The Freedom of Galway has been awarded to Patricia Burke Brogan, and posthumously to Ena McEntee, who both worked to protect and assist residents of the former Magdelene Laundry in Galway during the 1960s.
Ena McEntee coordinated the escape of 15 women from the former laundry, helped by her husband and sons.
Ms Burke Brogan wrote the play 'Eclipsed' in 1992, which dealt with the reality of Ireland’s Magdalene Laundries.
A special Galway City Council meeting took place this afternoon, followed by the unveiling of a plaque to honour both women, close to the site where the laundry was located.
Speaking on RTÉ's Morning Ireland, Ms McEntee’s son, Andy, said the whole family – his father, mother, and two brothers – were all involved in what he described as the "great escape".
He said: "At home in the evenings we would often discuss [the laundries]. We had noticed ourselves that some of the ladies would have marks on them or would not be right, they would be upset, and it transpired that they were being abused in there by the nuns.
"My mum took that very seriously and very personally because she had become very friendly with them, and over a period of time we decided that maybe, we might be able to do something to help, and that’s when we mooted the great escape."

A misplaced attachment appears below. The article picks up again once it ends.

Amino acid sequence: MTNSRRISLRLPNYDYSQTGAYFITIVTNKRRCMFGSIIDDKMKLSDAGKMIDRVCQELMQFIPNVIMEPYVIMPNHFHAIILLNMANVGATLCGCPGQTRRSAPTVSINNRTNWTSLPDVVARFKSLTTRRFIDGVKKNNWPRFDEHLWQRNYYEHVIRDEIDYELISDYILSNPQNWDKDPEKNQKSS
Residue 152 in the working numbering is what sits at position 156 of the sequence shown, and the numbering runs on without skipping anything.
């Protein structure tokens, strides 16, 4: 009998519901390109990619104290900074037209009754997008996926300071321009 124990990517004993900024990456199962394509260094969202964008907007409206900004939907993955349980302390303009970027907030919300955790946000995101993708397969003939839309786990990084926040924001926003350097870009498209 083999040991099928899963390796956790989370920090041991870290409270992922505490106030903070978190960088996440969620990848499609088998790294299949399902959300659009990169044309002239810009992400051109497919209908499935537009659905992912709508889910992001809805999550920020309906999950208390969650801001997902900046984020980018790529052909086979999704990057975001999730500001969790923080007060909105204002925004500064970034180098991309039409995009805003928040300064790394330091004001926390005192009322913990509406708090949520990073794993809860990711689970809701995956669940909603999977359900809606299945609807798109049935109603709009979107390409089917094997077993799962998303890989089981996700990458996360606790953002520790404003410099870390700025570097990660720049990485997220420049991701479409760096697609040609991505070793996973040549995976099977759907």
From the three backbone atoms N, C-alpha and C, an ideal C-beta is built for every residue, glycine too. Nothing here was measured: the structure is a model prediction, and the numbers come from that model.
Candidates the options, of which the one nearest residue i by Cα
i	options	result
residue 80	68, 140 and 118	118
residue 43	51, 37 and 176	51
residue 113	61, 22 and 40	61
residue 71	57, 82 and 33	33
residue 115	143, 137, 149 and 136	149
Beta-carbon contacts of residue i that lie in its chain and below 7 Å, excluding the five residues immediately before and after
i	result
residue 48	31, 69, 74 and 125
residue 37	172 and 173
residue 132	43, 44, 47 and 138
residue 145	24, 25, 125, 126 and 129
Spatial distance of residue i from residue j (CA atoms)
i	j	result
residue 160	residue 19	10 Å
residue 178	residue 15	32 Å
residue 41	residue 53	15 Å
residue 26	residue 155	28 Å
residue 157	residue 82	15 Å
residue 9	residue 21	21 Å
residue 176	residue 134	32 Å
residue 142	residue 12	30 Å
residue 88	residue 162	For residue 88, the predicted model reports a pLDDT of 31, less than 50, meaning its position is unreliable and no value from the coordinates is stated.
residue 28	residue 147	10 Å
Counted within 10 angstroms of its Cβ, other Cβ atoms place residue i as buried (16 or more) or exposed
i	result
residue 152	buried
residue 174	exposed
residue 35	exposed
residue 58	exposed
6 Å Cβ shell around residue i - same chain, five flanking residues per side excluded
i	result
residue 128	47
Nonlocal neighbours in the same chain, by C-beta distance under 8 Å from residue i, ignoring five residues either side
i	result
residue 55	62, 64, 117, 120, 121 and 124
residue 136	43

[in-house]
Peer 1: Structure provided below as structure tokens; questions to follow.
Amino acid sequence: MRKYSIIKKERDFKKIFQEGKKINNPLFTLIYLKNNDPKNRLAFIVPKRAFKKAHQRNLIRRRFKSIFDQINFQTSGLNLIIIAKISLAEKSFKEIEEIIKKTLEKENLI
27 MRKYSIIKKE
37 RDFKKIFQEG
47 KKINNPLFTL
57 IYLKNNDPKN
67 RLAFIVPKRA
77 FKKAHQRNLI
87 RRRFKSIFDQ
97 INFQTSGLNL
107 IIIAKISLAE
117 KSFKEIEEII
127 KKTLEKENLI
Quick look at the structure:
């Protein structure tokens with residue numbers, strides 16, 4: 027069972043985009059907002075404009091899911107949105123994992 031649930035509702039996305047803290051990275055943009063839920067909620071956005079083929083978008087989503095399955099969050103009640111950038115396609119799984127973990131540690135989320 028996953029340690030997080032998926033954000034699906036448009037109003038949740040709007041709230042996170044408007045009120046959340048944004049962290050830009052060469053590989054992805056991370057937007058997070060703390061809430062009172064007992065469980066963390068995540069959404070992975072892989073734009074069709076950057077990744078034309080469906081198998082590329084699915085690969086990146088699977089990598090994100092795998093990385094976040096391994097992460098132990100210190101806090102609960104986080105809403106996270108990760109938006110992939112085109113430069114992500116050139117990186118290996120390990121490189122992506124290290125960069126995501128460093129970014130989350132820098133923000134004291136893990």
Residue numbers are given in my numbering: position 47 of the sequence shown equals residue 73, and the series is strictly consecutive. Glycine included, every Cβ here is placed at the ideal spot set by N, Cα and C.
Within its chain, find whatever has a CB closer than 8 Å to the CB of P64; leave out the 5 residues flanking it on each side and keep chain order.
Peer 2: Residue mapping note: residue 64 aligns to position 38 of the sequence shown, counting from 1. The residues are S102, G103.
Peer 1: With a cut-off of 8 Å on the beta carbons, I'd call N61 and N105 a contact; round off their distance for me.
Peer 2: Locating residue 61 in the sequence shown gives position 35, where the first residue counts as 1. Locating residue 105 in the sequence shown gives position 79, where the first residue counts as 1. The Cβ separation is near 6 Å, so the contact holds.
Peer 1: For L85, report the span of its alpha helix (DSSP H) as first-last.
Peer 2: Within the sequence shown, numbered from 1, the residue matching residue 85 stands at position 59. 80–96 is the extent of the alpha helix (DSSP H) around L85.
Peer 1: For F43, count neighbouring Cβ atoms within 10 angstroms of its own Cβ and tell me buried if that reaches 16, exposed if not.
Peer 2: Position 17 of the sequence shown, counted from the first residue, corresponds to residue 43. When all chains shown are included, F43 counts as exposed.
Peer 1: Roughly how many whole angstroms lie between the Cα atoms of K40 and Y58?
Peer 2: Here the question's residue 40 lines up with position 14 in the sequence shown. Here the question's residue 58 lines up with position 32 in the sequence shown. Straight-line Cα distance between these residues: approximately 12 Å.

Asked how they coordinated the escape, Mr McEntee said the initial escape, involving letting four women out the back door, was "the scariest".
"They were let out the back door by my mum who had acquired a key, which she returned later and it hadn’t been missed. So the nuns suspected nothing.
"I was outside the gate, where my brother Hugo was waiting, and he brought them up the walkway to another street where my dad, and my brother Declan, were waiting with the van.
"We brought them into the house and they were there for six weeks while we organised to get them various jobs or out of the country," he said.
Mr McEntee said they managed four separate escapes – three sets of four, and one set of three women – and that "at no time" did the nuns let on that anything was amiss, even though local gardaí were dispatched to train and bus stations.
"When we did help them to leave the city, my dad was smart enough to bring them to one of the other stations outside of the city, and give them a few bob to help them on their way," he said.